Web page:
Background: Turner syndrome (TS) affects 1:2,500 females and results from complete or partial loss of one of the X chromosomes. Typical traits associated with TS include short stature, primary ovarian insufficiency (POI), autoimmune diseases, and cardiovascular and endocrine disorders. Long-term follow-up is needed from the time of presentation into adult life. Several genetic mechanisms have been proposed to account for the development of TS-associated features. These include haploinsufficiency of pseudoautosomal region (PAR) genes, gene dosage effects of factors that escape X-inactivation, exposure of traits with a single X, or secondary effects of X chromosome loss on autosomal gene regulation. In this study we explored the possibility that a deficit of X-chromosome material associated with TS could have a secondary effect on genetic stability across the genome.
Aims: We aimed to investigate whether there are differences in genetic variability in the autosomes and X chromosome in women with TS compared to control groups, as a consequence of disrupted DNA replication/repair mechanisms secondary to loss of X gene(s).
Methods: Whole Exome Sequencing (Nonacus ExomeCG) was carried out in a cohort of 134 women with TS (karyotype groups: monosomy=75; ring=20; isochromosome=34; complex=5) and three control groups (46,XX=23; 46,XX non-TS POI=101; 46,XY=11). Next generation sequencing was carried out to a read depth of ~ 110X on an Illumina NovaSeq. Variant calling (Platypus 0.8.1), annotation (Qiagen Clinical Insight) and filtering (R 4.1.1) was used to assess the number of variants in the autosomes and X chromosomes of TS women and control cohorts, as well as translation impact and pathogenicity (ACMG).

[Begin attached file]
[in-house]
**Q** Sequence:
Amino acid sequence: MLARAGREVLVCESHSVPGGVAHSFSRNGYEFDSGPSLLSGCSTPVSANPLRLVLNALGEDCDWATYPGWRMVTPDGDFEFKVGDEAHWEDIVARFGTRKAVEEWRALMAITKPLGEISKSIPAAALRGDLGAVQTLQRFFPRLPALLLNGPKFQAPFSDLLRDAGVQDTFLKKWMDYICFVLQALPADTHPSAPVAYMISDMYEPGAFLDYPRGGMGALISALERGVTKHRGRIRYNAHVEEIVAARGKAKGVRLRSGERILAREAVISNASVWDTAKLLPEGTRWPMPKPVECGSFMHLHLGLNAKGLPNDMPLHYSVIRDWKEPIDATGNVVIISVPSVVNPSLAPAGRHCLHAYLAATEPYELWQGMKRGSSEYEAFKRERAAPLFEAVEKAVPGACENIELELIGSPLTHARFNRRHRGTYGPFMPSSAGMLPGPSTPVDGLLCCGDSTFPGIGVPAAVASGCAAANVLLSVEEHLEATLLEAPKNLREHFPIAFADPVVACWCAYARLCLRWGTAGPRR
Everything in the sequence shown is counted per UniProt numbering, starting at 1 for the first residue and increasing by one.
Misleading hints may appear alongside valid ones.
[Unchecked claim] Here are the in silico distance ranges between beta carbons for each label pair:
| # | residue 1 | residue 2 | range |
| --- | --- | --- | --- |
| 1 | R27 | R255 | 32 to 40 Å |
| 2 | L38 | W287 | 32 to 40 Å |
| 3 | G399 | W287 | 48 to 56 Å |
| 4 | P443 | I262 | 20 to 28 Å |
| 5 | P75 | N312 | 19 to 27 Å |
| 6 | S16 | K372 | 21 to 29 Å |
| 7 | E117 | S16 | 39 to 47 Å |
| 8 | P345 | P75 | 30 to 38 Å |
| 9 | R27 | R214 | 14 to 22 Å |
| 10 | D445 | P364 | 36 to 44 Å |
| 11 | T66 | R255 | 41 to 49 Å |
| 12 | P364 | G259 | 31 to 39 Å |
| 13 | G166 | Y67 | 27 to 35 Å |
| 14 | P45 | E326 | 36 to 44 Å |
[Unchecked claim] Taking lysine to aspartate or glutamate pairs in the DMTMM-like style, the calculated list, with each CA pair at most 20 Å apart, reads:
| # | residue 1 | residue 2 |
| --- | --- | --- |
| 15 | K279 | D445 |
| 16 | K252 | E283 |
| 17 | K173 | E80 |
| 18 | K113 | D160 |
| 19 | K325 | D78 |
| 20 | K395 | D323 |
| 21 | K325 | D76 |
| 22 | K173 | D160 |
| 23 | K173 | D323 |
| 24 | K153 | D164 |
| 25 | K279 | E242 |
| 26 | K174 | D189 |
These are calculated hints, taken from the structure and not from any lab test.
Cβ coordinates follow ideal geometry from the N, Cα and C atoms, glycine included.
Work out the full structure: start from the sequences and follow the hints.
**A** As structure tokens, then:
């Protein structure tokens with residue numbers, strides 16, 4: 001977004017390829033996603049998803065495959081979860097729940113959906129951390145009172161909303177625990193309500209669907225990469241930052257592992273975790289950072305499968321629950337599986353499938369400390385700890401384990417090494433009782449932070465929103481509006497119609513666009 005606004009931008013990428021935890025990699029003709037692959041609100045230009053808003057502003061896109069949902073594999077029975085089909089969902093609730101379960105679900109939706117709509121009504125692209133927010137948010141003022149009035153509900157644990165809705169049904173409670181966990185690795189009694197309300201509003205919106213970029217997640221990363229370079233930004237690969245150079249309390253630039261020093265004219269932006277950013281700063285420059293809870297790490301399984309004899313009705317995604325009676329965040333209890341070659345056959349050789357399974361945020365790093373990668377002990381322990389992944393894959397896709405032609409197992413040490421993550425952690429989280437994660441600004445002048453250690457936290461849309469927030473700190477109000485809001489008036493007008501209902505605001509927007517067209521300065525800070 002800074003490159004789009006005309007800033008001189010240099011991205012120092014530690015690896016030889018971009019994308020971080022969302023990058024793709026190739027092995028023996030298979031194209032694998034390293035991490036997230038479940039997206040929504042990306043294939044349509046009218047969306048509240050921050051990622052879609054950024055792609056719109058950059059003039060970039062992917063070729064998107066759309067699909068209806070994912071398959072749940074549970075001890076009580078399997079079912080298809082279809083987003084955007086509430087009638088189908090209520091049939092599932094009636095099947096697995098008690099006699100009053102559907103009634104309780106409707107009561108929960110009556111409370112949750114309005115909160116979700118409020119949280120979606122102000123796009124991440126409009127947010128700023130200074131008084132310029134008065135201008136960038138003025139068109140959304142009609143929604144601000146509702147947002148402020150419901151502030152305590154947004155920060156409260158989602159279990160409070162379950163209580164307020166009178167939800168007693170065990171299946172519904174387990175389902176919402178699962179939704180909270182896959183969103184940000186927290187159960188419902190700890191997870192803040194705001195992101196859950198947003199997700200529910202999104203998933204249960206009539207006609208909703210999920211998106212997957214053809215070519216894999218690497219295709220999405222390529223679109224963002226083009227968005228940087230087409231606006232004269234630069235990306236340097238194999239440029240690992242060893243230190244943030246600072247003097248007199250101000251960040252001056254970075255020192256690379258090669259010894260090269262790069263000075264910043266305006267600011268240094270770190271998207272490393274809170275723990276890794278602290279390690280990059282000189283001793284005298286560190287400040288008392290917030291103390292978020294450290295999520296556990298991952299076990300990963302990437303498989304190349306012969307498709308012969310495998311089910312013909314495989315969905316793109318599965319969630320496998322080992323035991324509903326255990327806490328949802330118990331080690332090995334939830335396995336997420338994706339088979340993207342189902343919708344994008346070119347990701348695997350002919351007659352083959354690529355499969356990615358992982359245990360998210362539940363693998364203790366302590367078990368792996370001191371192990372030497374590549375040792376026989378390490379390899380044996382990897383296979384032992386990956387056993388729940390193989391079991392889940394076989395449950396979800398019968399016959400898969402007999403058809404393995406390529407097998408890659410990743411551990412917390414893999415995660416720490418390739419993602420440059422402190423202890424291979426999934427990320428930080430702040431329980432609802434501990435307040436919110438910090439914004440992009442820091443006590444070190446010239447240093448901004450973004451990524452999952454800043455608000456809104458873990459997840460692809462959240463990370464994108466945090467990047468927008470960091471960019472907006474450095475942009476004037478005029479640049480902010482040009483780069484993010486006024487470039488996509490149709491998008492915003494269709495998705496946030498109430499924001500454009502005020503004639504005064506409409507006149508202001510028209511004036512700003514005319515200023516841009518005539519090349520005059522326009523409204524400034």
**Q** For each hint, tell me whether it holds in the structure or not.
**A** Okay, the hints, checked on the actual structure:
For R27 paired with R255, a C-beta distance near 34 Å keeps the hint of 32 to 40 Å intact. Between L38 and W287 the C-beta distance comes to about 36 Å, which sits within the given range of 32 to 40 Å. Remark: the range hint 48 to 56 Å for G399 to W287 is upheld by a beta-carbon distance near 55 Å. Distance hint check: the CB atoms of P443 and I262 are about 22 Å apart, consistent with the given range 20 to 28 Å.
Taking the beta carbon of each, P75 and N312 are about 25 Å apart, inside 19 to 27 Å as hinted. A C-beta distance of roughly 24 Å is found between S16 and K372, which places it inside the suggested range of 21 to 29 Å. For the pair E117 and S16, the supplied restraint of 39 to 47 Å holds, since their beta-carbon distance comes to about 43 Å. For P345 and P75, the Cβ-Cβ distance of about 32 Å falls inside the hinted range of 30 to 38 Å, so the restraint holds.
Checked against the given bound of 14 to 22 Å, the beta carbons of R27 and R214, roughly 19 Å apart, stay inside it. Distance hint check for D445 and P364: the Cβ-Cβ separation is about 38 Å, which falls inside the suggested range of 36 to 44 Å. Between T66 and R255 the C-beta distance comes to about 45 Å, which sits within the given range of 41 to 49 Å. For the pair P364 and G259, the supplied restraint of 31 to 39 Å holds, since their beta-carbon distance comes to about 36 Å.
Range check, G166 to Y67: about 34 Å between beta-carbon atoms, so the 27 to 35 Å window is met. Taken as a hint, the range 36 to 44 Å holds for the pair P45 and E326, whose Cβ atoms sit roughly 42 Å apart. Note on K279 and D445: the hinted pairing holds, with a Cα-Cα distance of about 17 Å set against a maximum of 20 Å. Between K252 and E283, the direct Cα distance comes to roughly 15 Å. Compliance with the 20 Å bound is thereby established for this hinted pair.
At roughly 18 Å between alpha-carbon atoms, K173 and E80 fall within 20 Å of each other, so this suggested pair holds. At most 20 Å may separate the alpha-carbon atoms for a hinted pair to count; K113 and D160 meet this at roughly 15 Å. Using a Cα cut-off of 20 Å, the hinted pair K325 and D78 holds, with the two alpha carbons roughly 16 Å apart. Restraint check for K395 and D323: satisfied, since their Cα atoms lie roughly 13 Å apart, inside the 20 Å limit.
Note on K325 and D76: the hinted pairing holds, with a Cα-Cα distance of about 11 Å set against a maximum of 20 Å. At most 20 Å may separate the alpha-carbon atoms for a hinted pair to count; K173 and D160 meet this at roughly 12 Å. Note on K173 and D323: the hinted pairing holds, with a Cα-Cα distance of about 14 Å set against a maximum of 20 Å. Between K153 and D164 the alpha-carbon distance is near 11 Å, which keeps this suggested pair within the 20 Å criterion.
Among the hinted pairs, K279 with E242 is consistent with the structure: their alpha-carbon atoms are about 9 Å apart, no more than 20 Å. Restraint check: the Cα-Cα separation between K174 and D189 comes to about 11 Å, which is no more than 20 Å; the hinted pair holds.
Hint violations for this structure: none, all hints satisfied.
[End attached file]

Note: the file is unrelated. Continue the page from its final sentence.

Results: Overall, 6,600,120 variants were detected after filtering. The total number of autosomal variants was not significantly different between TS groups (median monosomy=23,532; ring=23,632; isochromosome=23,538; complex=23,713) and controls (46,XX=23,625; 46,XX non-TS POI=23,374; 46,XY=23,376). In depth analysis of missense, frameshift, synonymous and stop gain/loss variants, and pathogenicity also showed no significant differences. For the X chromosome, the number of variations was proportional to the amount of X chromosome material present within each group, with no excess of disruption seen in TS cohorts, for total variants and subgroup/pathogenicity analysis.
Conclusions: No significant differences in genetic variability within the autosomes were found in this large cohort of TS women compared to controls. The number of X-chromosome variants was related to the complement of X chromosome material. These data suggest that morbidity in TS is not likely to be linked to global changes in genetic variability.
15 Sep 2022 - 17 Sep 2022